Greeting: Melkm Ganna (Wishing You a Happy Christmas)
Custom: Ethiopians observe Christmas on January 7 and celebrate Timkat (Christ's baptism) on January 19. Timkat last for three days and on the first day the priests collect church scrolls of the Ten Commandments and carry them to tents where people come to pray.
Greeting: Joyeux Noel (Joyous Christmas)
Custom: How about thirteen desserts on Christmas Eve? In southern France, they serve a dessert to honor Jesus and the twelve apostles. One of these desserts is the Yule log which is a cake to represent the actual yule log which many people burn in their homes from Christmas Day until New Years Day for good luck.
Greeting: Kala Christouyena (Merry Christmas)
Custom: Greek children go from house to house singing Christmas carols on Christmas Day. They play instruments such as drums, harmonicas and triangles. Sometimes people will give them treats such as cookies, candy or coins.
Gledileg Jol (Merry Christmas)
Custom: Icelandic children will decorate their homes with Christmas pockets and little stairs for the elves which they believe visit their homes from December 12 through December 24. The elves leave gifts in their shoes.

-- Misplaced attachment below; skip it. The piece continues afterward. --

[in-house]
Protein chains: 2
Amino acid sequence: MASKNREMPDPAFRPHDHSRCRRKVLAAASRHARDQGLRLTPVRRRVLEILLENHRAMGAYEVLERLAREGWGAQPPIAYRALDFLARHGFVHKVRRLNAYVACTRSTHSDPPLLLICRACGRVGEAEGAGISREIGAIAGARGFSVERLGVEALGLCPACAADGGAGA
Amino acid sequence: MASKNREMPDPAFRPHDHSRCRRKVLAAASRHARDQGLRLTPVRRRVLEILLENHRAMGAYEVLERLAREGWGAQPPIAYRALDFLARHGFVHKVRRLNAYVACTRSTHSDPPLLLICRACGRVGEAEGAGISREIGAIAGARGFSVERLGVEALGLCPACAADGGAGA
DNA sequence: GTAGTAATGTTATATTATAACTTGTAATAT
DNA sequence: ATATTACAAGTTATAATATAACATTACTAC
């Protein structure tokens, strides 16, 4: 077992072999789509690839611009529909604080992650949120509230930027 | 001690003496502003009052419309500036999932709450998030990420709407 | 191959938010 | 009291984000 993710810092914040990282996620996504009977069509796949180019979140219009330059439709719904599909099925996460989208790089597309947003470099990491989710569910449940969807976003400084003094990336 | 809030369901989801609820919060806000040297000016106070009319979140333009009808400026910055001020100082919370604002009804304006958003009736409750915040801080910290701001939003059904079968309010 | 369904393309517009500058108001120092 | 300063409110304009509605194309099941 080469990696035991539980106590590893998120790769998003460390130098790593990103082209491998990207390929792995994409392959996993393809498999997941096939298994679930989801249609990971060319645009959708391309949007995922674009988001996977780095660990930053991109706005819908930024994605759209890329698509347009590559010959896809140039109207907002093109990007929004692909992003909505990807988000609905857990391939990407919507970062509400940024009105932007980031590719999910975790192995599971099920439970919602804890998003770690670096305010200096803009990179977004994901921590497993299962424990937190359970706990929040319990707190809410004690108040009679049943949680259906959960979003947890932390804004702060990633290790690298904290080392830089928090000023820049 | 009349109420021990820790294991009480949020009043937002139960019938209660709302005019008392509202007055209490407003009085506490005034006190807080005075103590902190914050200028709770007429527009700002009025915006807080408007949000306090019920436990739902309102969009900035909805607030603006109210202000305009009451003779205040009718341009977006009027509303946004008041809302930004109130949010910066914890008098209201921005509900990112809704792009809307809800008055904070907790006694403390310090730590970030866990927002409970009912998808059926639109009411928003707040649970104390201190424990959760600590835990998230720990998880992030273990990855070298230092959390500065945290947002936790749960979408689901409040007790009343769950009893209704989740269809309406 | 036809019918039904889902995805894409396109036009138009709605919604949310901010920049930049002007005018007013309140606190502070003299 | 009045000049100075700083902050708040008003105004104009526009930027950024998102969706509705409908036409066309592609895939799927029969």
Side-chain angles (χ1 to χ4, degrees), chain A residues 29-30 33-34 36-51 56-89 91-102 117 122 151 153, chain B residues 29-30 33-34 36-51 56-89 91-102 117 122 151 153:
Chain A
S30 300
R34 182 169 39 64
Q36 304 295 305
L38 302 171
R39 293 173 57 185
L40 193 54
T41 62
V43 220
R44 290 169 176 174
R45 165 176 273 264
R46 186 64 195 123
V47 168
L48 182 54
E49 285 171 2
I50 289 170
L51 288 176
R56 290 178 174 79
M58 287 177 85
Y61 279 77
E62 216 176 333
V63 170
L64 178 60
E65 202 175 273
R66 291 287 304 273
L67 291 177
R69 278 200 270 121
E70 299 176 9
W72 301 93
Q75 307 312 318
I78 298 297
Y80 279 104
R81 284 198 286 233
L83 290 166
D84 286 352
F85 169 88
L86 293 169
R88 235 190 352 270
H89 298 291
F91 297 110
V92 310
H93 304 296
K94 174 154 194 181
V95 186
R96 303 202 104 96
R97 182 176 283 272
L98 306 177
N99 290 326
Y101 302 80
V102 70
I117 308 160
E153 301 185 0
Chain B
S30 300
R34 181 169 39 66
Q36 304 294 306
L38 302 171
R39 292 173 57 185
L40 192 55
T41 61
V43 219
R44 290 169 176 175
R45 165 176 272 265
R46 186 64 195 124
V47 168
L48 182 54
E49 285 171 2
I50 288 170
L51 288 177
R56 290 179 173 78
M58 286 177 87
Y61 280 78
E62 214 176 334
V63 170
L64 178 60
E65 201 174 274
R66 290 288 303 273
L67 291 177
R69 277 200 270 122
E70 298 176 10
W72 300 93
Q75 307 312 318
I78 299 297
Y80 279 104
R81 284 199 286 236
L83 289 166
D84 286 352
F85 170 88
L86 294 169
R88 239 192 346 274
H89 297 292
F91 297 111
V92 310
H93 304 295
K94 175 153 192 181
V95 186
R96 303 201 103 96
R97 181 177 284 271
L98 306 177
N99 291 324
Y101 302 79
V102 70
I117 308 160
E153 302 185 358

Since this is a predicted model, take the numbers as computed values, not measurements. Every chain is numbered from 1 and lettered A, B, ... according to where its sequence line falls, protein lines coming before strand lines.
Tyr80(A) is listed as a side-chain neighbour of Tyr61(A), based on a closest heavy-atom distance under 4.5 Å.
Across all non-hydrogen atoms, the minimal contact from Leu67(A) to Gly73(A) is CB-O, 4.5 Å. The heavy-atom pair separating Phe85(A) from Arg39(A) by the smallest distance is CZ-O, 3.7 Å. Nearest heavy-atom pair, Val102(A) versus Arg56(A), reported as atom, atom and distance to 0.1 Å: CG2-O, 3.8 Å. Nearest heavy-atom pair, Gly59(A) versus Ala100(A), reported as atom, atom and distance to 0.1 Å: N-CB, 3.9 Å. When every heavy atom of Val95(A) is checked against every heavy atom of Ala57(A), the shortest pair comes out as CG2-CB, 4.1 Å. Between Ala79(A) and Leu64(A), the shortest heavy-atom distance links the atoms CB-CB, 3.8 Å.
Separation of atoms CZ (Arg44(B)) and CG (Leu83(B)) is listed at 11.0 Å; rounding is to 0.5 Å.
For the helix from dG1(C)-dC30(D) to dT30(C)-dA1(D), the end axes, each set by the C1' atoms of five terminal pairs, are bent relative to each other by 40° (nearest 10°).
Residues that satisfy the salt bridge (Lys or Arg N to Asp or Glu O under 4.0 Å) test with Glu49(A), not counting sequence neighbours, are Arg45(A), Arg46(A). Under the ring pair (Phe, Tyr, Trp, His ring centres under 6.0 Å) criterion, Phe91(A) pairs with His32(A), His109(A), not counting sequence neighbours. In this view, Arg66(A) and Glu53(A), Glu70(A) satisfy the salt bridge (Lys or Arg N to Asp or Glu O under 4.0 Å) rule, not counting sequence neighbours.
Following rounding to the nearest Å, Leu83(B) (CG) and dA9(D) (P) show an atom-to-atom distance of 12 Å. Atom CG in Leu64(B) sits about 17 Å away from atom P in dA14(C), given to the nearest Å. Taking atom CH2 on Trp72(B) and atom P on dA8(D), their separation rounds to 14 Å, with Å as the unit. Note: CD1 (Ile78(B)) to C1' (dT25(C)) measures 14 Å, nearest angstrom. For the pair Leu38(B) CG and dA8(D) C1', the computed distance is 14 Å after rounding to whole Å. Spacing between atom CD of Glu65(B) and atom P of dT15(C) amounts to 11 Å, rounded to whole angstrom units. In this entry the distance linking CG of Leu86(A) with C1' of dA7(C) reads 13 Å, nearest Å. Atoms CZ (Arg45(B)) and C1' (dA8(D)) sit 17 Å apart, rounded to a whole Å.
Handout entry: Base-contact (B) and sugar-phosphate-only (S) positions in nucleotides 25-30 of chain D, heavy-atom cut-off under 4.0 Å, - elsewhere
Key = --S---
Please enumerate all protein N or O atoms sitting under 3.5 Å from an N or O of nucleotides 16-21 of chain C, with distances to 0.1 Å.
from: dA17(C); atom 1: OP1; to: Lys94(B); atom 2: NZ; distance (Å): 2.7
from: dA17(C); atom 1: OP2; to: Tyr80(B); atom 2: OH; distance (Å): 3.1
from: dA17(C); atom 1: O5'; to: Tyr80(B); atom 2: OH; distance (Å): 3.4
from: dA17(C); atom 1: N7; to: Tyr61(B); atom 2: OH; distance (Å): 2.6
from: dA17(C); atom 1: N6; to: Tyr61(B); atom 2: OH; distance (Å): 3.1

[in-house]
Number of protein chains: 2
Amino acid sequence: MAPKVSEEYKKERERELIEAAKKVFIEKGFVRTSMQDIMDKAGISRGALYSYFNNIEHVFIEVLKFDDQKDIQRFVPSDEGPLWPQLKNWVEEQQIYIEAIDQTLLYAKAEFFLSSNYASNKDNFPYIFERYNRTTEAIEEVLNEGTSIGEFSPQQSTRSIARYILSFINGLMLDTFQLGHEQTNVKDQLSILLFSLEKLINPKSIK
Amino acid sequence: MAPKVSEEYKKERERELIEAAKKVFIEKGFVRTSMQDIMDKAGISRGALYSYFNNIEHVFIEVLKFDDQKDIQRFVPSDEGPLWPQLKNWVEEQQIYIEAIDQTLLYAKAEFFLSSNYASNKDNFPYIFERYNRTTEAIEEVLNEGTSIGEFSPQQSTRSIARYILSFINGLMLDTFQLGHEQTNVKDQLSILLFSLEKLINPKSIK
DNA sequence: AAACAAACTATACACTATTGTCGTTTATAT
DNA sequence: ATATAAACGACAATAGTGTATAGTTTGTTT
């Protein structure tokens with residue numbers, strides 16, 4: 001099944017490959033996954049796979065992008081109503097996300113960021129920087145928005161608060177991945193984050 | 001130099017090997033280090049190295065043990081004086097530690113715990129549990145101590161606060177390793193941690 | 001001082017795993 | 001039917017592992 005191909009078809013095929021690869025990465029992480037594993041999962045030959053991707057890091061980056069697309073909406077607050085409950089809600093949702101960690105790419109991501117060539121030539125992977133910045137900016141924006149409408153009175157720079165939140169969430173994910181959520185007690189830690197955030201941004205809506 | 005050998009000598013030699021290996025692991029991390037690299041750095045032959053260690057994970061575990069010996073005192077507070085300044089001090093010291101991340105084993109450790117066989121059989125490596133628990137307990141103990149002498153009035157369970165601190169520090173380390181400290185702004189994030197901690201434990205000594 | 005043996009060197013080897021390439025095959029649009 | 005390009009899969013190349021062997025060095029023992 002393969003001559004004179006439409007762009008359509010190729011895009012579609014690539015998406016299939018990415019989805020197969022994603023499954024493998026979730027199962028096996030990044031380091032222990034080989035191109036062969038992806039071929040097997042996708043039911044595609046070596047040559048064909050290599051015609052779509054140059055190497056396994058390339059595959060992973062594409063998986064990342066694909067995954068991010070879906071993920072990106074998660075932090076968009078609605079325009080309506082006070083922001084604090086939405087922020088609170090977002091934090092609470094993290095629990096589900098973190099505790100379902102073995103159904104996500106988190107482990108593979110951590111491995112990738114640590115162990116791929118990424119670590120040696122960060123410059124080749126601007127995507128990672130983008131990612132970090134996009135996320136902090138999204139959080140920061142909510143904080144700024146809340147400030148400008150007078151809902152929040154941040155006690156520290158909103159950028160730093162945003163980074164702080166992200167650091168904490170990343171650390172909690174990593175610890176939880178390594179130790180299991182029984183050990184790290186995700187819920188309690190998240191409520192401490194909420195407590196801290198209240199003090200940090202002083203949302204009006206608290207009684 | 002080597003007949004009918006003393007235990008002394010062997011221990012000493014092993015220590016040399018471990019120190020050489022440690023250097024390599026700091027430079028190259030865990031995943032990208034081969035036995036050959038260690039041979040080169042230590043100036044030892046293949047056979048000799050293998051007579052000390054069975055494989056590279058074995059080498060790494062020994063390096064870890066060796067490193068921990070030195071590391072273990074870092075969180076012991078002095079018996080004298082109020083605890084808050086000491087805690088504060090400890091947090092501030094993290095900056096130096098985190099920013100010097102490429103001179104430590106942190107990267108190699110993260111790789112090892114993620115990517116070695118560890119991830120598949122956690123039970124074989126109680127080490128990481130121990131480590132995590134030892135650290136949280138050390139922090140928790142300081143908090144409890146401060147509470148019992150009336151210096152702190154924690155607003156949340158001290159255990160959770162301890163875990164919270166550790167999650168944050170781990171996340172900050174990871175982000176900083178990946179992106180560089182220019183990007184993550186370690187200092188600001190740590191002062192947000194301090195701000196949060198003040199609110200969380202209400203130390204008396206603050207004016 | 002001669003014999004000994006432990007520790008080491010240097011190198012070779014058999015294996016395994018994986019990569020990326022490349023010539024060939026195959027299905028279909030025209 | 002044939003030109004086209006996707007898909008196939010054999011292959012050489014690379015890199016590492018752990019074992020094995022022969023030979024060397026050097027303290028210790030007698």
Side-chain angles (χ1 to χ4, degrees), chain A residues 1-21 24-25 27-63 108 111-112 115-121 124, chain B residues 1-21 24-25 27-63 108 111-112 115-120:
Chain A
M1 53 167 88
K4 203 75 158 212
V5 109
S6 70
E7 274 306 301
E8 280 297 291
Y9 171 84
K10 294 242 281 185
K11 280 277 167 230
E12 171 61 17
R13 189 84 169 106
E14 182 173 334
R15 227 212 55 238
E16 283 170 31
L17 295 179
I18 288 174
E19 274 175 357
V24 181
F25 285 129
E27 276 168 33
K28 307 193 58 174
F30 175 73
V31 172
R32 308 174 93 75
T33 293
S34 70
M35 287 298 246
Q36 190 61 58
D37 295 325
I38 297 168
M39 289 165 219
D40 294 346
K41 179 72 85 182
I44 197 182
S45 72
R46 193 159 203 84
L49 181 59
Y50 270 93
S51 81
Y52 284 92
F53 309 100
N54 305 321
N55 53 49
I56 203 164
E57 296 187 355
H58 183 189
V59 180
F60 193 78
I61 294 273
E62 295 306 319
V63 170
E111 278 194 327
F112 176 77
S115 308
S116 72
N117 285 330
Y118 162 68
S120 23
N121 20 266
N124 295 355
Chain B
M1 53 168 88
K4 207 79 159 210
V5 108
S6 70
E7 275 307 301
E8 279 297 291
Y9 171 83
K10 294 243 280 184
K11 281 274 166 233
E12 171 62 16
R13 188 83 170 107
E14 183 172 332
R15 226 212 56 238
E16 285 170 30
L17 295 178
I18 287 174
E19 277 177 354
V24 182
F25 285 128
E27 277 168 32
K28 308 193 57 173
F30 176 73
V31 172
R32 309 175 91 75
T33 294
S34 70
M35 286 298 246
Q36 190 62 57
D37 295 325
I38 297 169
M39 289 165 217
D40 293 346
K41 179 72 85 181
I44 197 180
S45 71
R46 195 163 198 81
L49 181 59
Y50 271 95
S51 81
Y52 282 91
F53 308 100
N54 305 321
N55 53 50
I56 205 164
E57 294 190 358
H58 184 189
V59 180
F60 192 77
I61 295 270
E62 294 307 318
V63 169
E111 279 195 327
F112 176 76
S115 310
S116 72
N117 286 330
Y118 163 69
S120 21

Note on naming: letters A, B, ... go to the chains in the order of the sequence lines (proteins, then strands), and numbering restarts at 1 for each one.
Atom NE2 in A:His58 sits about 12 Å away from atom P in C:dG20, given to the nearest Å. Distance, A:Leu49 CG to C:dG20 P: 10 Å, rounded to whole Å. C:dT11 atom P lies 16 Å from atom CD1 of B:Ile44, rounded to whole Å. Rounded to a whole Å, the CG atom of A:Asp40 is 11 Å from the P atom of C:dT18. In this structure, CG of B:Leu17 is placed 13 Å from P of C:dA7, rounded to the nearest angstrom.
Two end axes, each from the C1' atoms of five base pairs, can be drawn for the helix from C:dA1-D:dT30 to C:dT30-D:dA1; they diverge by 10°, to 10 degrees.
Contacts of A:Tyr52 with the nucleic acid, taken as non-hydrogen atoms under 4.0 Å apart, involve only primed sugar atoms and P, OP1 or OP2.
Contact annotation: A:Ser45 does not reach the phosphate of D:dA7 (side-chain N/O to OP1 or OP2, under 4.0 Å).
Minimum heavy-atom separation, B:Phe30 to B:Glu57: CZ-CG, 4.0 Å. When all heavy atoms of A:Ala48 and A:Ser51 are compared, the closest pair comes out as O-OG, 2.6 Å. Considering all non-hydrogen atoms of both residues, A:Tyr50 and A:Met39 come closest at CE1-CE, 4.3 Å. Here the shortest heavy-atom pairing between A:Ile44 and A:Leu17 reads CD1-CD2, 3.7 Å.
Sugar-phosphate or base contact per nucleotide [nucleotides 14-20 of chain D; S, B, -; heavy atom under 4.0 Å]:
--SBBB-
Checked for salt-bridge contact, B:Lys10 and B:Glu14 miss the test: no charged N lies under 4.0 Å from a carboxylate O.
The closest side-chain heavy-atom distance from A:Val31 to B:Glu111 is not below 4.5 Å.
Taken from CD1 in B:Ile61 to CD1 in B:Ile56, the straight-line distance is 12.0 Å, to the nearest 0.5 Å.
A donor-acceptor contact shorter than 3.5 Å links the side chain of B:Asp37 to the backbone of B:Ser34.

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Greeting: Meri Kurisumasu (Merry Christmas)
Custom: They serve beautiful cakes on Christmas Eve decorated with white frosting, strawberries and holiday ornaments. The children will find gifts from Santa Kurohsu or Hoteiosho under their evergreen trees decorated with tiny candles, dolls, wind chimes and gold paper fans.
Greeting: Meelad Majeed (Birth Glorious)
Custom: Lebanese children grow sprout shoots from wheat grains, lentils or bean sprouts starting a month before Christmas. When the sprouts are three to six inches high, they decorate their homes and manger scenes with the shoots. At midnight on Christmas Eve, Baby Jesus will be placed into the manger and bells ring announcing the anniversary of Christ's birth.
Greeting: Eku Odum Ebi Jesu (Happy Celebration on the birth of Jesus Christ)
Custom: They decorate palm trees and hang palm branches both inside and outside their homes. The palm branches represent peace and are a symbol of Christmas. They may light sparklers and dress in costume at Christmastime.
Greeting: Maligayang Pasko (Merry Christmas)